I recently listened to the Robert Craft recording with the Orchestra of St.Lukes of Persephone and several other works, and
I was rather taken by this rarely performed work, which shows a much gentler and more lyrical side of Stravinsky .
It took a few repeated hearings for me to really enjoy it, but I'm glad I took the time and effort .
The last live performance anywhere in the US I can recall is when Kurt Masur and the New York Philharmonic did it several years ago, before Maazel took over .
Try this work . The Craft recording is no doubt authoritative .

nut-job
Posts: 1717
Joined: Tue Mar 17, 2009 6:06 pm

Re: Your Favourite Composers' Biggest Duds

Post by nut-job » Tue Sep 29, 2009 11:25 am

Ken wrote:
nut-job wrote:Up until recently I would have said Brahms' double concerto, especially after hearing the lackluster Fisher/somebody performance on Pentatone. But recently I've listened to the Szeryng/Starker/Haitin recording and I "get it" now. So as of now, Brahms has no duds. :lol:
The Fischer/Müller-Schott/Kreizberg performance on PentaTone is one of my faves. :(
Fischer was fine, I liked her performance in the violin concerto, but I can't bear Muller-Schott, one of those soloists that is so sensitive that he can't play a single, clear, unadorned note. Kreizberg, as far as I can tell, is the name of a company that makes metronomes. :lol:

Imperfect Pitch
Posts: 652
Joined: Tue Nov 27, 2007 9:55 pm
Location: Brookline, MA

Re: Your Favourite Composers' Biggest Duds

Post by Imperfect Pitch » Tue Sep 29, 2009 11:29 am

Jared wrote:I knew I shouldn't have visited this thread again... all my favourites are going to be unravelled by the CMG Aristocracy.. :(
Jared: One thing we can all agree on is that there is no unanimity around here (yes, that's paradoxical but you get my point). My comment about Beethoven's VC is heartfelt - it just hasn't clicked with me yet - but don't let that affect your enjoyment of it. Ditto for Missa Solemnis. Hey, if I can enjoy Glenn Gould's Mozart even though it makes everyone else physically ill, you can enjoy anything! By the way, I hope you weren't referring to me in your above comment because I am just a plebe around here.

Ken
Posts: 2511
Joined: Thu May 04, 2006 6:17 am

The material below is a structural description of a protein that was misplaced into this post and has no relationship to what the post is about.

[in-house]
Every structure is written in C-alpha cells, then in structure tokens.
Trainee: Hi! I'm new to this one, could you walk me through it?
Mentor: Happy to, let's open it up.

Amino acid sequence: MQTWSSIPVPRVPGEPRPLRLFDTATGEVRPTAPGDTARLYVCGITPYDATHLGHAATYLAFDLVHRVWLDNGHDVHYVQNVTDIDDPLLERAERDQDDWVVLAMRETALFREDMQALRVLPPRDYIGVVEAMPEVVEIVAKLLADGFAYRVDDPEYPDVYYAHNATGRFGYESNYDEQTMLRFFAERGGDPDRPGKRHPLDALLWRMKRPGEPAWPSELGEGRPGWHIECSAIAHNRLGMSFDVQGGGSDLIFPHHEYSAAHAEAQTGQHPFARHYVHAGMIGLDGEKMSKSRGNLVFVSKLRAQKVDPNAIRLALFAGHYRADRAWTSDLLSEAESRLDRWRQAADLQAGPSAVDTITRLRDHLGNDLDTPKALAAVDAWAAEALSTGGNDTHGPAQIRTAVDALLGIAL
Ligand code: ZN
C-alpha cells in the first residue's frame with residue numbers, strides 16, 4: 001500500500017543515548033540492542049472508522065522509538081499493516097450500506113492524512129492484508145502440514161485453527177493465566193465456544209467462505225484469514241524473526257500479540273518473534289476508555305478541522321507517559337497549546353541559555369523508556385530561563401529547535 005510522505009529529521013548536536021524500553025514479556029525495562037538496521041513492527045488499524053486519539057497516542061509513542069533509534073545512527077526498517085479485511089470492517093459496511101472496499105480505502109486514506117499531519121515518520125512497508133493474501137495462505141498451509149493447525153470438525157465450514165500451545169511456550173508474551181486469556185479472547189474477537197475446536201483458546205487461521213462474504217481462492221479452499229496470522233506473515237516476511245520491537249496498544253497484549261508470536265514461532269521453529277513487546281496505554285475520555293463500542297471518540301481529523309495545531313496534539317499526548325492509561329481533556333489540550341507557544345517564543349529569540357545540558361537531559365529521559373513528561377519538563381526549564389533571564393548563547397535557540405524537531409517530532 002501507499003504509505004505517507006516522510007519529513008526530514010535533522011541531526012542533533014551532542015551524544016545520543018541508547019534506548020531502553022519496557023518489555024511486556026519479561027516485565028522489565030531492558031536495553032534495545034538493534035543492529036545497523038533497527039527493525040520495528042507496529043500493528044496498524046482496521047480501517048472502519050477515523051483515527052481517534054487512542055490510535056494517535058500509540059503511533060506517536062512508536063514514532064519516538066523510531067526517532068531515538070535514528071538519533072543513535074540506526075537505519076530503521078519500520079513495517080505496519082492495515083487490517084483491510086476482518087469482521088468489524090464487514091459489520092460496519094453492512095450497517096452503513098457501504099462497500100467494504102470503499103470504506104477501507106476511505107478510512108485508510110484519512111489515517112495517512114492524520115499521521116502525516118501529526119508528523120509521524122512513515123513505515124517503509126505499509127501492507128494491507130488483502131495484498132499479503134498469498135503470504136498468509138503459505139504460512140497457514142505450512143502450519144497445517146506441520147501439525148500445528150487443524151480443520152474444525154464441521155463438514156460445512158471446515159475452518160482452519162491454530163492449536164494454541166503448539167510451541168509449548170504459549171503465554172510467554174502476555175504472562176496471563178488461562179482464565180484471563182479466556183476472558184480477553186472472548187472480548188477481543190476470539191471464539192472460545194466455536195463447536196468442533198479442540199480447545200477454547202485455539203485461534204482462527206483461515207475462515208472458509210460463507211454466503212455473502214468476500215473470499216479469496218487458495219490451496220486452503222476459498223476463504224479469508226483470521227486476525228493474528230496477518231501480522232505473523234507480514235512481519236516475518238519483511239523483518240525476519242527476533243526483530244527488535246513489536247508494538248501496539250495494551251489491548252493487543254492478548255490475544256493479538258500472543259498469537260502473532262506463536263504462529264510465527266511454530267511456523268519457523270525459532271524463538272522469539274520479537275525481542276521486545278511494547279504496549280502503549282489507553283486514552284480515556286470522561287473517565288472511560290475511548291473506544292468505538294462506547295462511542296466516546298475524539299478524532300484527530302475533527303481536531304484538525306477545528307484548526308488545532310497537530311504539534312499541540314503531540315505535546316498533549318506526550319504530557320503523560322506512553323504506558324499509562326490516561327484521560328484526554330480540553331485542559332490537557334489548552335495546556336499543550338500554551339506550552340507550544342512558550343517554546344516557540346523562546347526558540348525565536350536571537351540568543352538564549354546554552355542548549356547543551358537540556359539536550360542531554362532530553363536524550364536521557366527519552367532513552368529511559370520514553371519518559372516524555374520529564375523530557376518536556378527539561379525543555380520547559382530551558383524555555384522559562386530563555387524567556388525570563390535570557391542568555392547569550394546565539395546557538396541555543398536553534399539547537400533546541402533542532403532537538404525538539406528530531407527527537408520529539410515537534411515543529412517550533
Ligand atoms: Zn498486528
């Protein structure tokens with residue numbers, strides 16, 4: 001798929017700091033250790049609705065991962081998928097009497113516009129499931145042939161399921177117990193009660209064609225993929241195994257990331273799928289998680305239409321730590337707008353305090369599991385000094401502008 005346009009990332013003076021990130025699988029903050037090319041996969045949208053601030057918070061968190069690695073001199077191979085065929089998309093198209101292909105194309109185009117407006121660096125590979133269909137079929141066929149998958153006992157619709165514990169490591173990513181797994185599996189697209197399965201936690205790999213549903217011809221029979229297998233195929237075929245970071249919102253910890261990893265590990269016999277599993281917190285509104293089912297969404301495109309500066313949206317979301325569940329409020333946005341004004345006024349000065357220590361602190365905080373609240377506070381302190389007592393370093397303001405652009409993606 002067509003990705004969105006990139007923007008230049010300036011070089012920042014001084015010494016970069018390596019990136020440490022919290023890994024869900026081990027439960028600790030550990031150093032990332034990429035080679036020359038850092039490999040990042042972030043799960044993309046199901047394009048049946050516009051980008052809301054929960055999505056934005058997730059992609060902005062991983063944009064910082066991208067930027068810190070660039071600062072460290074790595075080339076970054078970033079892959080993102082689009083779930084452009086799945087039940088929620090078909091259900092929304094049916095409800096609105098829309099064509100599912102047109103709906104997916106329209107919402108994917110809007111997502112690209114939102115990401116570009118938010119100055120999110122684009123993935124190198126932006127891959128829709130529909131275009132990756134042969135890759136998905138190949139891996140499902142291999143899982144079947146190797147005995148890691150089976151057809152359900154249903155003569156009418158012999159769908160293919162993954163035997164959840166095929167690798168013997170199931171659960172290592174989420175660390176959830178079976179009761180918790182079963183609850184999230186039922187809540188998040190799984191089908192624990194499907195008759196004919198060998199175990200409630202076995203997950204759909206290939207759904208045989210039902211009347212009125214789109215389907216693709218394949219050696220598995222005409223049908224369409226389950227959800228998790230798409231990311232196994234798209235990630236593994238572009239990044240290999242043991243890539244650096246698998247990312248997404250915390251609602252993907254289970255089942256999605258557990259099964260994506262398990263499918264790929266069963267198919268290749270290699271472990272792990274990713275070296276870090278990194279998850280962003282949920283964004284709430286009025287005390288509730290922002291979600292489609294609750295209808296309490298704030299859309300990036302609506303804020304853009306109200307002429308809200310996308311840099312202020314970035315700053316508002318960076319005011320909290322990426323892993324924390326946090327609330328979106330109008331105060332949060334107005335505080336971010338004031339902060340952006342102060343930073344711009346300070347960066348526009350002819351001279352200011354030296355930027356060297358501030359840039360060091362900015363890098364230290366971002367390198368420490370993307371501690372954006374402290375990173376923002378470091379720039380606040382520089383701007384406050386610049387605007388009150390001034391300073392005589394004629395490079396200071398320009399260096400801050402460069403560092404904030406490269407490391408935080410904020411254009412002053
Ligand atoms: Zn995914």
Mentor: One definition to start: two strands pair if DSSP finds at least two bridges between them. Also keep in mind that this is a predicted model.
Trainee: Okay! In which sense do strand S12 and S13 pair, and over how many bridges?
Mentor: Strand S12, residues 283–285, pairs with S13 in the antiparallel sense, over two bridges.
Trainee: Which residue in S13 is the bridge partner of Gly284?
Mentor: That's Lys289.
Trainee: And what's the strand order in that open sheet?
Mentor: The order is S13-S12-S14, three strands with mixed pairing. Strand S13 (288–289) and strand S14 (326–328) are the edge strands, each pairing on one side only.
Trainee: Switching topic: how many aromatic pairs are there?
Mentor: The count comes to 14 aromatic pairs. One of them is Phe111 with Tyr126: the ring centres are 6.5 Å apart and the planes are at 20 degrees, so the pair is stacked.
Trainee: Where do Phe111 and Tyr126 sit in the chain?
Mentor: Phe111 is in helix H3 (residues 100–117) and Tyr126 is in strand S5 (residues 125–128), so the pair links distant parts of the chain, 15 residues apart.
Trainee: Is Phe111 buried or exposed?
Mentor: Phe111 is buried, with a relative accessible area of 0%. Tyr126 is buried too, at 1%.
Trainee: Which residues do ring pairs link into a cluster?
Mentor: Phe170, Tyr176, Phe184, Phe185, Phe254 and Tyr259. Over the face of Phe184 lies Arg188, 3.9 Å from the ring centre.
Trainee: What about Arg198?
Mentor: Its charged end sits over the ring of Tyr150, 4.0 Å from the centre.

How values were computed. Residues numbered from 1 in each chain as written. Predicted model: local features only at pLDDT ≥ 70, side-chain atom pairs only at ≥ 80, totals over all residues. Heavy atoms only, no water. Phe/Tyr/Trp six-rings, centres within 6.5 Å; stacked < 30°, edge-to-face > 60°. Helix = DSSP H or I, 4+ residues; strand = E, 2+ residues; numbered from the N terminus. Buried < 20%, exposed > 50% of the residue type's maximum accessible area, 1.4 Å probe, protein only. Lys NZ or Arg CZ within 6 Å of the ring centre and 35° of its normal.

Location: Düsseldorf, Nordrhein-Westfalen

Re: Your Favourite Composers' Biggest Duds

Post by Ken » Tue Sep 29, 2009 11:31 am

nut-job wrote:...but I can't bear Muller-Schott, one of those soloists that is so sensitive that he can't play a single, clear, unadorned note.
:shock:

...Slowly backs away.
Du sollst schlechte Compositionen weder spielen, noch, wenn du nicht dazu gezwungen bist, sie anhören.

karlhenning
Composer-in-Residence
Posts: 9801
Joined: Wed Apr 20, 2005 11:12 am
Location: Boston, MA
Contact:

Re: Your Favourite Composers' Biggest Duds

Post by karlhenning » Tue Sep 29, 2009 11:40 am

And here I thought this thread was a fashion statement . . . oversized garments, and what not.

Cheers,
~Karl
Karl Henning, PhD
Composer & Clarinetist
Boston, Massachusetts
http://members.tripod.com/~Karl_P_Henning/
http://henningmusick.blogspot.com/
Published by Lux Nova Press
http://www.luxnova.com/

nut-job
Posts: 1717
Joined: Tue Mar 17, 2009 6:06 pm

Re: Your Favourite Composers' Biggest Duds

Post by nut-job » Tue Sep 29, 2009 11:47 am

Ken wrote:
nut-job wrote:...but I can't bear Muller-Schott, one of those soloists that is so sensitive that he can't play a single, clear, unadorned note.
:shock:

...Slowly backs away.
I'm not kidding. Not every note has to be exquisitely expressive. Sometimes a B-flat is just a B-flat. Sometimes listening to Muller-Schott I find my self thinking, "can you just play the notes, I want to hear the melody now!" Starker knows what he's doing.